Gaaah! How do you answer this dreaded question? Firstly, if you have the correct qualifications for the job, point this out. If you’ve had relevant work experience, chat about this and how it prepared you for the new job. If neither, then focus on what you can bring to the team and how your qualities will benefit the business.

Don’t give up or panic here -if you really can’t think of anything to sell yourself with, highlight how enthusiastic and keen you are to learn more and further your career with this specific business.

5 - Why do you want to work here?

This is your chance to show off some of the prior research you *should* have done on the company before your interview. Tapping in to the companies values and linking them to your own will really impress and show that you’ve prepped well. Explain that the company connects you to your passions, or that they have a great opportunity that’s suited perfectly to you.


Avoid answers that involve pay, or simply just needing a job - you want the employer to know that you’re motivated to work there, not anywhere.

6 - Where do you see yourself 1/5/10 years from now?

If you’re a young person, answering this question can be tough, because, well, most of us don’t have our lives planned out! They’re probably not interested in how many children you’d like, or what dog breed you want to own, so instead focus on career ambitions. Think about your goals for the next few years - explain you want to progress and move up the ladder, as this’ll show you’re ambitious and motivated. Don’t be shy with your goals - aim high. Bosses love this!

There we have some nasty questions you might get asked. These are usually asked to A) see how you think ‘outside the box’ and get a sense of your ‘spark’, and B) to see how you handle pressure - don’t start panicking or have a bad reaction. Take a moment to relax and have a good think before answering anything.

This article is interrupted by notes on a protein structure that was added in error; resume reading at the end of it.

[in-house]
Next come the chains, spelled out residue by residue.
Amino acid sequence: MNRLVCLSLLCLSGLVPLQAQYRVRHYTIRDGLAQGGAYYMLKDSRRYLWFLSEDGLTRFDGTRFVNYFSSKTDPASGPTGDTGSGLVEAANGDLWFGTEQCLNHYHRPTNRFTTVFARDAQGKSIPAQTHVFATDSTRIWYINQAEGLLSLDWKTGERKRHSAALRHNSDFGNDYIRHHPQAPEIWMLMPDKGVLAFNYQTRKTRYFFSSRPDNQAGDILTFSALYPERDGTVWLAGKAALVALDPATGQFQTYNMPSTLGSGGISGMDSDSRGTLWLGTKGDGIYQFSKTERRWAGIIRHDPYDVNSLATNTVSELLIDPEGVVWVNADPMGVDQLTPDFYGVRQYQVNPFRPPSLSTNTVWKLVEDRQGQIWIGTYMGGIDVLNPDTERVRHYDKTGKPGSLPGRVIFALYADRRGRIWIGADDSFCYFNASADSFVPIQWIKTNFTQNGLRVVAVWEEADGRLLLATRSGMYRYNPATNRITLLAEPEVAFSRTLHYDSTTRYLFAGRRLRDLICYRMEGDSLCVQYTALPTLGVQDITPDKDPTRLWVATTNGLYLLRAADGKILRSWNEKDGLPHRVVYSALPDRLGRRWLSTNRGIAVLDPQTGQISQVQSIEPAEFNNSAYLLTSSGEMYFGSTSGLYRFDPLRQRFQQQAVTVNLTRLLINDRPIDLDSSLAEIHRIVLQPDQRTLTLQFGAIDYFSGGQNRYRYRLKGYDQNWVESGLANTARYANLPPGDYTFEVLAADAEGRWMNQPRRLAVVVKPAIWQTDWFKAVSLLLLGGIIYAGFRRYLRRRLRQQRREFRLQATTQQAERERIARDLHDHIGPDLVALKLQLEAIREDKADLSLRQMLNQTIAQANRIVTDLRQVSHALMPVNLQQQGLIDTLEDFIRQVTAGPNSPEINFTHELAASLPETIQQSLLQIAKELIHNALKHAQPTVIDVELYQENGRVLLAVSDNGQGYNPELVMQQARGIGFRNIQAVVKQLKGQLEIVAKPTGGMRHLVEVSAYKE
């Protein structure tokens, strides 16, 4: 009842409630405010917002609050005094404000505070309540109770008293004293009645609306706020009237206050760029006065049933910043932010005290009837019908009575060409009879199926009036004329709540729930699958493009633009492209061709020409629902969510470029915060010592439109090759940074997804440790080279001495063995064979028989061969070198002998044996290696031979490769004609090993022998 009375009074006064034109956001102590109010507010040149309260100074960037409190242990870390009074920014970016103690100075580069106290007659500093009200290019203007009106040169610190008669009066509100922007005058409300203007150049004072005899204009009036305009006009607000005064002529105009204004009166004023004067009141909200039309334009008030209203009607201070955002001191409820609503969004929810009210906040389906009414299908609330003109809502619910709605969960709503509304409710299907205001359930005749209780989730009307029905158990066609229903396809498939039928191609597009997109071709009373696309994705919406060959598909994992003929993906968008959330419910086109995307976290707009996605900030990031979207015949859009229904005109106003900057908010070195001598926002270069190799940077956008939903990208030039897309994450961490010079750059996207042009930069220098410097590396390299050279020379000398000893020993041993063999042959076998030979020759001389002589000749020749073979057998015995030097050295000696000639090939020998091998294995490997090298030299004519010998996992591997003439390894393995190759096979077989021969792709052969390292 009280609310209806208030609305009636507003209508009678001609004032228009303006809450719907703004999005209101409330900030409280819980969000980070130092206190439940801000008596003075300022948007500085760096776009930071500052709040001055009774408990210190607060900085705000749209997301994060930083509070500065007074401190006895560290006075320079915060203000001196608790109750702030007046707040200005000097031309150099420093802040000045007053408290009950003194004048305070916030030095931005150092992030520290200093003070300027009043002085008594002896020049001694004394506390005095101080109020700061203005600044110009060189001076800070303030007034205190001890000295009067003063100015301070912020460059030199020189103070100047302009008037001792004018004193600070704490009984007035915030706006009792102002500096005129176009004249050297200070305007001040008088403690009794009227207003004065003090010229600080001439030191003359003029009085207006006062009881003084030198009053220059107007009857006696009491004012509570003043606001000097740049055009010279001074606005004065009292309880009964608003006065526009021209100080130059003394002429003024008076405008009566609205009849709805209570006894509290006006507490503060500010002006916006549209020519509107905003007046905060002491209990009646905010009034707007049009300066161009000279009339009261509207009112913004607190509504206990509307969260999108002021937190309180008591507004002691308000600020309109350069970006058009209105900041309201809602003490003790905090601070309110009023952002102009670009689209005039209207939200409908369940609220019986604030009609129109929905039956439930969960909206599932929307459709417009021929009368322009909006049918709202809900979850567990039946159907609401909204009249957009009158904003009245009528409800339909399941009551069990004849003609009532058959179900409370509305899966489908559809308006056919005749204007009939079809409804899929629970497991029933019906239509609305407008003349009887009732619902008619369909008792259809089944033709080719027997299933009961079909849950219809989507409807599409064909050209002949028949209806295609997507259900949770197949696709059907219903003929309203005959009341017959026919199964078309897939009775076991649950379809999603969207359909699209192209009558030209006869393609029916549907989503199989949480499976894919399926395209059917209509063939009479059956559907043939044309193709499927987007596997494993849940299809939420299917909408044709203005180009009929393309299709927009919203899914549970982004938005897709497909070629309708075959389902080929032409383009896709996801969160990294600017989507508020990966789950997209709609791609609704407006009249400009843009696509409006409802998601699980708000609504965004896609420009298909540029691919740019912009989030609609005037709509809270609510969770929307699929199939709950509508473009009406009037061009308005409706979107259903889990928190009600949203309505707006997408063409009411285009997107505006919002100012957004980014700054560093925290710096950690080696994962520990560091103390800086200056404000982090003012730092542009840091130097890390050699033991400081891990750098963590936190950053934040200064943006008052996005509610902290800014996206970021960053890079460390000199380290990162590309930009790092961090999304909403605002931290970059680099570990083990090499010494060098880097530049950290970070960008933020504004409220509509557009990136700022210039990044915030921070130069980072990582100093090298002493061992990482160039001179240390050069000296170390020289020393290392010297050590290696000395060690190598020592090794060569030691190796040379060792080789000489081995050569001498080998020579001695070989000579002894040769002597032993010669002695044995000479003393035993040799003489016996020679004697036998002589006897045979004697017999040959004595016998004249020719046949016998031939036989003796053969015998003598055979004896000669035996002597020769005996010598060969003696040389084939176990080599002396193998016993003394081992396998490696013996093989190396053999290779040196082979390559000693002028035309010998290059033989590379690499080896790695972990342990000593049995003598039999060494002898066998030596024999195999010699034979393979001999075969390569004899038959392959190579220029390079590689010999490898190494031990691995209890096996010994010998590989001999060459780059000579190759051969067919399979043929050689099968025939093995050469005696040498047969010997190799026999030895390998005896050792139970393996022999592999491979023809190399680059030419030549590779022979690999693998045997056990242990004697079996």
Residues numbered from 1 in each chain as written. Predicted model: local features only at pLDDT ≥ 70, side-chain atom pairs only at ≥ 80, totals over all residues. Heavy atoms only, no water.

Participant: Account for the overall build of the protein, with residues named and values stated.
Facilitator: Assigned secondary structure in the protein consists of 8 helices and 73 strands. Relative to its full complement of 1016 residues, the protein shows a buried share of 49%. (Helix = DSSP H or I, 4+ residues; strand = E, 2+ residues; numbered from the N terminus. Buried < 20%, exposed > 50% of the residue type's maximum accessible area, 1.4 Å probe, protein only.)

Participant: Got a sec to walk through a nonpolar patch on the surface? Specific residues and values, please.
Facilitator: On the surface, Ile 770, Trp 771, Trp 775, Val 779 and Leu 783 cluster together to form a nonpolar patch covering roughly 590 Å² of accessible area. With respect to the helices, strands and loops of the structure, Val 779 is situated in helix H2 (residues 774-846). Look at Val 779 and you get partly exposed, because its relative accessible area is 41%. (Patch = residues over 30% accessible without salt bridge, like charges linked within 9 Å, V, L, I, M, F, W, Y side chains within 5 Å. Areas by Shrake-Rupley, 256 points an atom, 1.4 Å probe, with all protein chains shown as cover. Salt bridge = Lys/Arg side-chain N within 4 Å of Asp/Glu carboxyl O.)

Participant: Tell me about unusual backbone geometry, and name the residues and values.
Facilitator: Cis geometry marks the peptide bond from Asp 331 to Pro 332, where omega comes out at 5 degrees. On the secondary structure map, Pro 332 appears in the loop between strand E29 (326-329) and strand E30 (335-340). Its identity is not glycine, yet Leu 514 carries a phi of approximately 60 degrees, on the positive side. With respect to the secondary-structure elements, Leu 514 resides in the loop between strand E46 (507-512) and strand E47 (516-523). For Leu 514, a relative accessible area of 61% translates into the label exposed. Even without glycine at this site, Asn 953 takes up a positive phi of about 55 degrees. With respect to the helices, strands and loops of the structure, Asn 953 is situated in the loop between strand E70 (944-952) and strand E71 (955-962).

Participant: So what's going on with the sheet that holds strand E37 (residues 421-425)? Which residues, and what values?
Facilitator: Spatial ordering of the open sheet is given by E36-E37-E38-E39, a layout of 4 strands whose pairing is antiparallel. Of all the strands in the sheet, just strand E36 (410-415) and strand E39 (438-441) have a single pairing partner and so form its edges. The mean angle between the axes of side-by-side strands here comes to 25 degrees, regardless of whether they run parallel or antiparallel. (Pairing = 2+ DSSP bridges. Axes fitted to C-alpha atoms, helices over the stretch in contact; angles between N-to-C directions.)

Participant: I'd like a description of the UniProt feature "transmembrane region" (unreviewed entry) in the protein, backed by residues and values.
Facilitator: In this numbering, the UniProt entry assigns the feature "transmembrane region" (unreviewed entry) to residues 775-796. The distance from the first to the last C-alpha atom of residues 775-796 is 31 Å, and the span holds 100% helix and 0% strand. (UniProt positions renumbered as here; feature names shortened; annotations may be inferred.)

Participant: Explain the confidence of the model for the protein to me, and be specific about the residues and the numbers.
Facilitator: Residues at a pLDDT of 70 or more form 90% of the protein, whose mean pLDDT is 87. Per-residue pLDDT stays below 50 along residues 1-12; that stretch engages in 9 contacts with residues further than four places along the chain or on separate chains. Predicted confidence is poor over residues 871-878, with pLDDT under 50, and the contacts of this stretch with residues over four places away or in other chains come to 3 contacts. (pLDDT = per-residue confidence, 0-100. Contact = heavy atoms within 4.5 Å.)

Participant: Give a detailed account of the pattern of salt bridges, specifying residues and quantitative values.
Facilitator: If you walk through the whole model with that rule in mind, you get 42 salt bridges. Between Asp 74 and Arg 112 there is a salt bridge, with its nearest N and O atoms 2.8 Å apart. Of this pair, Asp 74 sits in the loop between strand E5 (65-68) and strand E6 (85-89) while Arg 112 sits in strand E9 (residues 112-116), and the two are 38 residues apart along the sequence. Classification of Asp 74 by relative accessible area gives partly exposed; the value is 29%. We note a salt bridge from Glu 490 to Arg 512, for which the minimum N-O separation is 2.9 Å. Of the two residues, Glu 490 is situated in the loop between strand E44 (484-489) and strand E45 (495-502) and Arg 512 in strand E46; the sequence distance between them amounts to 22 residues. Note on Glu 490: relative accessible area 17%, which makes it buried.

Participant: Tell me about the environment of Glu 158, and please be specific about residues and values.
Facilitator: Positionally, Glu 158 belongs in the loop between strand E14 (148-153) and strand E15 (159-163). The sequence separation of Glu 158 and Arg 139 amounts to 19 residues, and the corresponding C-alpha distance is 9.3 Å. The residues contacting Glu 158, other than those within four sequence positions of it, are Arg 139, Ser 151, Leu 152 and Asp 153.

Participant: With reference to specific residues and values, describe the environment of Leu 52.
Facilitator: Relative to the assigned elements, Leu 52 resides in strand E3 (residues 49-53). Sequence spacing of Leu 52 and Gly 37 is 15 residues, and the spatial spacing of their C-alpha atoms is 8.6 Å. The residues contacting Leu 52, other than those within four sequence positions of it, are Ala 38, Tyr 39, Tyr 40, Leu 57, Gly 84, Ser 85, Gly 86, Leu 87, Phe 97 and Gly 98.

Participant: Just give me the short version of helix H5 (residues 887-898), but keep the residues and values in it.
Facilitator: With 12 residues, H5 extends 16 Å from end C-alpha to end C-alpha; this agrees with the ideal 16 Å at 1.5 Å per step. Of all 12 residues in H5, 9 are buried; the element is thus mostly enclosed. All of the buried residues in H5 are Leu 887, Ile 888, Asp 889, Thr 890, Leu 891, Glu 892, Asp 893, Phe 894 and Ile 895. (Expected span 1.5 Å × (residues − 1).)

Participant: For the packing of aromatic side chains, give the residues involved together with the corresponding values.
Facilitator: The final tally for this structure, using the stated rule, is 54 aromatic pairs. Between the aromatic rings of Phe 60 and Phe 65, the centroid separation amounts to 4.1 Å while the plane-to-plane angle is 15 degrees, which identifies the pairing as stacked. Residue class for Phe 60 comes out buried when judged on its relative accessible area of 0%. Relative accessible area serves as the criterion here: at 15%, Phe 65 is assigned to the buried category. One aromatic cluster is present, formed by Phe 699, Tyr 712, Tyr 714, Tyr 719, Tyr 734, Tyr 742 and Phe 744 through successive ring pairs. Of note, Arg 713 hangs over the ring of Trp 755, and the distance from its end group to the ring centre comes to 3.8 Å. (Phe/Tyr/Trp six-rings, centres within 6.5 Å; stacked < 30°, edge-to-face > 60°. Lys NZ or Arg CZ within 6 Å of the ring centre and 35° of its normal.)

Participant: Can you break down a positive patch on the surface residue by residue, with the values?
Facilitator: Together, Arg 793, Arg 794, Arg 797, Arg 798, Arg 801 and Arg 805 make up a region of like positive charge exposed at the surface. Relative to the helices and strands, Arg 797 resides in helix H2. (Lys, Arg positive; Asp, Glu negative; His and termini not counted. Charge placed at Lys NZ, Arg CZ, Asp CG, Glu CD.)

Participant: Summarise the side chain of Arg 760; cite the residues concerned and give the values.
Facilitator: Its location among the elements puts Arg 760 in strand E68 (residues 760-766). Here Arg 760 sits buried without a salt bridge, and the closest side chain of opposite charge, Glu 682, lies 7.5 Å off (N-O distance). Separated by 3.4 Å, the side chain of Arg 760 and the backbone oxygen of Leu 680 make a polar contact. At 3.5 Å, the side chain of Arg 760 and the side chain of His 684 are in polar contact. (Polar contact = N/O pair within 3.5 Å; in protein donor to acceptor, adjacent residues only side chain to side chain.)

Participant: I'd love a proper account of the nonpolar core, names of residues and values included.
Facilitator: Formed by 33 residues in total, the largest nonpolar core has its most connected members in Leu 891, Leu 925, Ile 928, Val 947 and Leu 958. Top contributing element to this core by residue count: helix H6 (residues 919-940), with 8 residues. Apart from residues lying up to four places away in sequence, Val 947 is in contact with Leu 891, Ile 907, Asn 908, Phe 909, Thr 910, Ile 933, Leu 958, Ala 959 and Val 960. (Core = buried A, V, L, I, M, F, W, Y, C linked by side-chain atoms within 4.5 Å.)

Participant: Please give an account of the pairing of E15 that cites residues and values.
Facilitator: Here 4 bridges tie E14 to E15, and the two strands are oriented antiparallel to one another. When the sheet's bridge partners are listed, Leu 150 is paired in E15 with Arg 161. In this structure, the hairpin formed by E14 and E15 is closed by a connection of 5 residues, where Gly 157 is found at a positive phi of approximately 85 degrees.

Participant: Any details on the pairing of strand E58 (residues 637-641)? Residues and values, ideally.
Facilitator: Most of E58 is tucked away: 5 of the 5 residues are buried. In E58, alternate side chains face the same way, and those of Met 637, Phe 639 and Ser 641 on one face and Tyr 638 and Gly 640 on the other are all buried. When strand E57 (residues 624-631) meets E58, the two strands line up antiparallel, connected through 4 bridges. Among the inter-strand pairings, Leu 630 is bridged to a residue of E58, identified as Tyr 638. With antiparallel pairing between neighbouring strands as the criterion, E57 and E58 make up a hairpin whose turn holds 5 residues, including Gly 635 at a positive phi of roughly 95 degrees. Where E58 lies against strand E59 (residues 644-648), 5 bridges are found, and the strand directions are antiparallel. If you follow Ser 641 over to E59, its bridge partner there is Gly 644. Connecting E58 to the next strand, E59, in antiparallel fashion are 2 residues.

Golden rules for coping with difficult questions

  • Breathe! You’re not in a rush, so take your time.

  • Think! They’re not expecting instant, incredible answers. Showing them you can think about the question and not get flustered will show you can use your initiative.

  • Authenticity - remain ‘you’ at all times - it’s the best anyone can ask for. Don’t make things up just to impress employers - be honest, always.

  • Control - this is your interview: own it. You’re there to sell yourself, so be confident! You’ve got this!

What Questions Can You Ask?

It’s worth remembering that just because you’re the one being interviewed, it doesn’t mean you can’t ask your fair share of questions either. It’s a two way street - you’re being assessed for the job, but you’re also assessing the company to see if it would be a good fit for you.

In fact, it goes down well if you do ask questions, because it reflects your interest and shows that you genuinely want to learn more about what the company can offer you. Having absolutely nothing to ask after your interview may come across disinterested or unbothered, and you certainly don’t want that. Don’t be shy! Things you could ask are:

  • Tell me about your company values/culture?

  • Who do you consider your top competitors to be?

  • Where do you think the company will be at in 5 years time?

  • What do you like best about working here?

  • What are the biggest challenges in the position/business?